• If the shares were bought as part of an Employee Share Scheme.

There are also different rules if the shares or investments were jointly owned. If they were owned jointly with others, you need to work out the gain for the portion you own rather than the value of the whole number of shares.

However, if they were bought as part of an investment club, the rules are different – because the club buys back your shares if you leave the club, you need to include all of the gains and losses you made through the club.

We know that this sounds very complicated and sometimes expert advice is the only way to go – our team of tax preparation specialists can help you to calculate just how much Capital Gains Tax you owe and how much tax relief you can claim, so call us on 0330 122 9972 and let us make life simple for you.

What do you do after you have calculated your gain?

Next you need to deduct any costs and then apply any reliefs you might be entitled to claim. That will give you the net gain which you need to use to work out whether you need to pay any Capital Gains Tax.

There are certain costs you are entitled to deduct from your gain (profit) and these include any fees you might have paid, such as stockbrokers’ fees and any Stamp Duty Reserve Tax (SDRT) you paid when you originally bought the shares. If you’re not sure whether you can deduct a cost, you can contact HMRC or a tax preparation specialist.

If you are eligible for any tax relief, apply those to your gain – this may help you to reduce your gain or delay paying Capital Gains Tax. We will go into the different types of tax relief you might be entitled to later in this guide.

How do you work out whether you need to pay?

Once you know what your actual gain is, you can work out whether you need to report that gain to HMRC and pay Capital Gains Tax on it. HMRC have an online calculator that can help you work out your Capital Gains Tax liability, but you can only use it if the following circumstances apply:

  • If the shares were the same type, acquired in the same company on the same date.

  • If you sold the shares at the same time.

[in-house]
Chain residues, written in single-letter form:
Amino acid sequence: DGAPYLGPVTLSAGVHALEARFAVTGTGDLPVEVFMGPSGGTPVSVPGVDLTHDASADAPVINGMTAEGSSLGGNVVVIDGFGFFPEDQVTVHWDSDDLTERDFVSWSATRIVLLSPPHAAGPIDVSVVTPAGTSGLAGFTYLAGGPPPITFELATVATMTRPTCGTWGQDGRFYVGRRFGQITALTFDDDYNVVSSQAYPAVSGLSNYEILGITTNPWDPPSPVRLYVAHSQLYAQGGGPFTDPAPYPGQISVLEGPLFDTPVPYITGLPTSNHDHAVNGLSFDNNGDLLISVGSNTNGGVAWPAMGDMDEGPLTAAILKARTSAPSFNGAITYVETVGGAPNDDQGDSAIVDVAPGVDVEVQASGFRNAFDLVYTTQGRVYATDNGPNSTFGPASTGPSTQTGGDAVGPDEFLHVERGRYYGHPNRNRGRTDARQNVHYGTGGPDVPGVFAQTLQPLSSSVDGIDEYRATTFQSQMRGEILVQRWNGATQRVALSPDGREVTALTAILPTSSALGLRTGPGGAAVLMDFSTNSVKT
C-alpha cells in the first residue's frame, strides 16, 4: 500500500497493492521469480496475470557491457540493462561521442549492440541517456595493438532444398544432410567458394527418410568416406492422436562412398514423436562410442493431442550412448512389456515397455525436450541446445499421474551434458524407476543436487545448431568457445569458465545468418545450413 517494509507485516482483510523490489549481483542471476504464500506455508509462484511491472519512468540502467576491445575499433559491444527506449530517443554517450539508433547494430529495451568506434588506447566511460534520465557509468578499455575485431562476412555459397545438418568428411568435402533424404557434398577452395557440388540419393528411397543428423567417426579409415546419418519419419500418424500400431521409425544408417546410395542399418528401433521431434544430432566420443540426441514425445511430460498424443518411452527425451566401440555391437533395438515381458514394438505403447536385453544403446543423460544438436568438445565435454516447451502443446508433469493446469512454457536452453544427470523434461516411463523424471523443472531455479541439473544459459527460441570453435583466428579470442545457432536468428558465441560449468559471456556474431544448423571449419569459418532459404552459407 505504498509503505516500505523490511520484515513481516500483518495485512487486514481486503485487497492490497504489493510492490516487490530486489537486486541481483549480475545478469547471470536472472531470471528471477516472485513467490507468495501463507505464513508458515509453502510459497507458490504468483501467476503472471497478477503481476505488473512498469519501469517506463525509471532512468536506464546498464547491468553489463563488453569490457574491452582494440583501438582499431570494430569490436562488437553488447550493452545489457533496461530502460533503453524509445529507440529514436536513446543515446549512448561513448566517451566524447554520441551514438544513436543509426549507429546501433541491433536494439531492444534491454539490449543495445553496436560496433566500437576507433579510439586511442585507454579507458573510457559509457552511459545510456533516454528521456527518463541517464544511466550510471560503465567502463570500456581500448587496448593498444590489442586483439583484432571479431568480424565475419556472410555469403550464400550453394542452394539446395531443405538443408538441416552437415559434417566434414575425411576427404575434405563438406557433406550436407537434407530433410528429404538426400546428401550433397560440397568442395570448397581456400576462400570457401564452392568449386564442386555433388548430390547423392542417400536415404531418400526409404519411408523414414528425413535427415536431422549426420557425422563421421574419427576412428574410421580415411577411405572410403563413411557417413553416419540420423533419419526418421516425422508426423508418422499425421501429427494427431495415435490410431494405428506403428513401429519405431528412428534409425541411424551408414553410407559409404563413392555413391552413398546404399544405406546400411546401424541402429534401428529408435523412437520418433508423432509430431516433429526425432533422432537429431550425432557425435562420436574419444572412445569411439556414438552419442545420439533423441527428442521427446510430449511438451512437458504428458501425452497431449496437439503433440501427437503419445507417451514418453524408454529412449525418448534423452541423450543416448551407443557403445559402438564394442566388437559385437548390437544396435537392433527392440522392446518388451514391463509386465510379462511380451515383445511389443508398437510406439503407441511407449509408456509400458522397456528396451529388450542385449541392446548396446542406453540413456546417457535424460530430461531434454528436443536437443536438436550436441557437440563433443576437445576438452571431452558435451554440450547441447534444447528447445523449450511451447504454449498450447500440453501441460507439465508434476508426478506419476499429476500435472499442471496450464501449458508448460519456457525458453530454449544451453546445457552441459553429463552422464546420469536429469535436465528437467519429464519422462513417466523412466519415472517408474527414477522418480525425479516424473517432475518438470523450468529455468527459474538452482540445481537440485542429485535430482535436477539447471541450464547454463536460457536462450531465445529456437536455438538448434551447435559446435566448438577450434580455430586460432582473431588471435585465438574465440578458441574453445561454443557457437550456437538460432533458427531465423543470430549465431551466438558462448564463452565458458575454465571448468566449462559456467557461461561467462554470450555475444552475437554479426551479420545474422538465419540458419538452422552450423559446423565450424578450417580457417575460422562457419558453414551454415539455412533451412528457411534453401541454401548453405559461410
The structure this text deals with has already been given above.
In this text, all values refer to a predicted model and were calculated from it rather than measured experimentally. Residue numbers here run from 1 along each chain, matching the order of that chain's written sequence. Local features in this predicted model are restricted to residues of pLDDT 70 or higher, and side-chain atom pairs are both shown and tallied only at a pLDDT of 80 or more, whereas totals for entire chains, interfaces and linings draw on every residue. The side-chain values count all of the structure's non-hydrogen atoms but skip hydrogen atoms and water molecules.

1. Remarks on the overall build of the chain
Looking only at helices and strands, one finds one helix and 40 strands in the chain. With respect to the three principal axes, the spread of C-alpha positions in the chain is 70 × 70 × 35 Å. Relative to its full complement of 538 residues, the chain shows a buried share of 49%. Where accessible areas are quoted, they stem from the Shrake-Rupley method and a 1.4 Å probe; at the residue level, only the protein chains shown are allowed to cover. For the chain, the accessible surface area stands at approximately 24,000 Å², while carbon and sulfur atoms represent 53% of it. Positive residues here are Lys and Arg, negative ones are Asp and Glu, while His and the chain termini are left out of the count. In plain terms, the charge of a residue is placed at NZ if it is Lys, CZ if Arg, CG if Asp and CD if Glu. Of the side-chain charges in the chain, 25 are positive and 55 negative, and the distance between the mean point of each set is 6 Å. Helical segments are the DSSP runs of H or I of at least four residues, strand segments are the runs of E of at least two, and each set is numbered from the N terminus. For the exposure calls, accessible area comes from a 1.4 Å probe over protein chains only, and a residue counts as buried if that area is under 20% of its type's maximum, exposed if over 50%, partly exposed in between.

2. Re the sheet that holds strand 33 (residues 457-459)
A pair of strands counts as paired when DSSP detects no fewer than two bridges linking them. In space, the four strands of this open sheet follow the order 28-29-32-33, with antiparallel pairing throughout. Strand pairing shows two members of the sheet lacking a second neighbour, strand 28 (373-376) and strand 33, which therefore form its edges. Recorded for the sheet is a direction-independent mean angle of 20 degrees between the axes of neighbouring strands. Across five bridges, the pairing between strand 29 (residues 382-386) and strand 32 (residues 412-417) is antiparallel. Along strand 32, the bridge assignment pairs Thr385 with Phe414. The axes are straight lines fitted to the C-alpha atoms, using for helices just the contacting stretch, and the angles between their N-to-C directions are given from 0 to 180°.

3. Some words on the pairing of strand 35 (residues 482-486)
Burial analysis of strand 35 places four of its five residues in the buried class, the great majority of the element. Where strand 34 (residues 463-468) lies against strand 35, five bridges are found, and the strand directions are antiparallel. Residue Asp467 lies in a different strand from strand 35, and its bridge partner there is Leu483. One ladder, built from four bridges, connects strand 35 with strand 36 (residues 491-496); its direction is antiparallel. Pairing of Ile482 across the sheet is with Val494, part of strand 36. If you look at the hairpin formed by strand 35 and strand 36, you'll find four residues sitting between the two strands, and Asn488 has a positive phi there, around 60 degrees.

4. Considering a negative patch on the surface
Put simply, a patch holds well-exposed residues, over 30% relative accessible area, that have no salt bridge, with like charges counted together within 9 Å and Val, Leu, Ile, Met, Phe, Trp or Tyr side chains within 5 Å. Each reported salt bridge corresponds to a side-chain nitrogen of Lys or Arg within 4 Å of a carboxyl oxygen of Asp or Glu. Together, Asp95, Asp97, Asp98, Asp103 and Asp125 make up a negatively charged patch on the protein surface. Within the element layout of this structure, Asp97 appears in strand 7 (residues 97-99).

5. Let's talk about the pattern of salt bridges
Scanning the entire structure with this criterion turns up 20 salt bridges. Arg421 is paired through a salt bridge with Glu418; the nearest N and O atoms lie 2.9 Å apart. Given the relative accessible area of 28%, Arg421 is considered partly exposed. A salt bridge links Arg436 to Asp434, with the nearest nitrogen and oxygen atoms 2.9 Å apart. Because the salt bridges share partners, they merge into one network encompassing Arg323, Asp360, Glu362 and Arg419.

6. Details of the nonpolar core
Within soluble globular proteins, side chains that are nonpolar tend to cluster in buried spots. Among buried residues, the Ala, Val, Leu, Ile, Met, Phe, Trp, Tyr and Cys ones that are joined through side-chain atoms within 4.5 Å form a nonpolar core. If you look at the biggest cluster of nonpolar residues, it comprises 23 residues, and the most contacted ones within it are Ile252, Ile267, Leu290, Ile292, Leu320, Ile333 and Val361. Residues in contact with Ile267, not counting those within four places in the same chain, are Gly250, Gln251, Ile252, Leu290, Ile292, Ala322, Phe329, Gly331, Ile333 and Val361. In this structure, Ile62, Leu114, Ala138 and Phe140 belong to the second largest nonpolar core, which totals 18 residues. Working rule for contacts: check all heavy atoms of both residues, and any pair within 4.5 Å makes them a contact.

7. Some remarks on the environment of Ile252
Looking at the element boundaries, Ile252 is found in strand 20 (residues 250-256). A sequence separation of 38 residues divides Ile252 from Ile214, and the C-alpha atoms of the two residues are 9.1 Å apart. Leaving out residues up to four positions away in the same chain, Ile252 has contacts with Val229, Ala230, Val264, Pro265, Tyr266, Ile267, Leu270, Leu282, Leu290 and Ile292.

You can’t use the calculator if any of the following apply:

  • You sold other shares during that tax year;

  • You sold any other chargeable assets in that tax year, such as valuable antiques or buy-to-let property;

  • You are claiming any kind of tax relief;

  • You are acting as a company, trustee, agent or personal representative.

Because the rules can be so complicated, it is often in your best interests to use a tax preparation specialist to help you calculate your Capital Gains Tax liability – our expert team are always on hand to take the hassle out of your taxes so call us on 0330 122 9972.

What happens if you need to report a loss?

HMRC has different rules if you are reporting a loss on the sale of your shares. You can use these losses to reduce your overall Capital Gains Tax liability. You can also claim losses on any shares you own that become worthless or practically worthless because the company has gone into liquidation, for example.

How do you work out your gain if you are selling shares in the same company that you bought at different times?

Most of the above advice relates to selling shares in the same company that you bought at the same time for the same price. However, if you are selling shares in that same company, but that you have bought at different times for more than one purchase price, you have to work out your profit differently. For this, you will usually have to work out the average price you paid for them.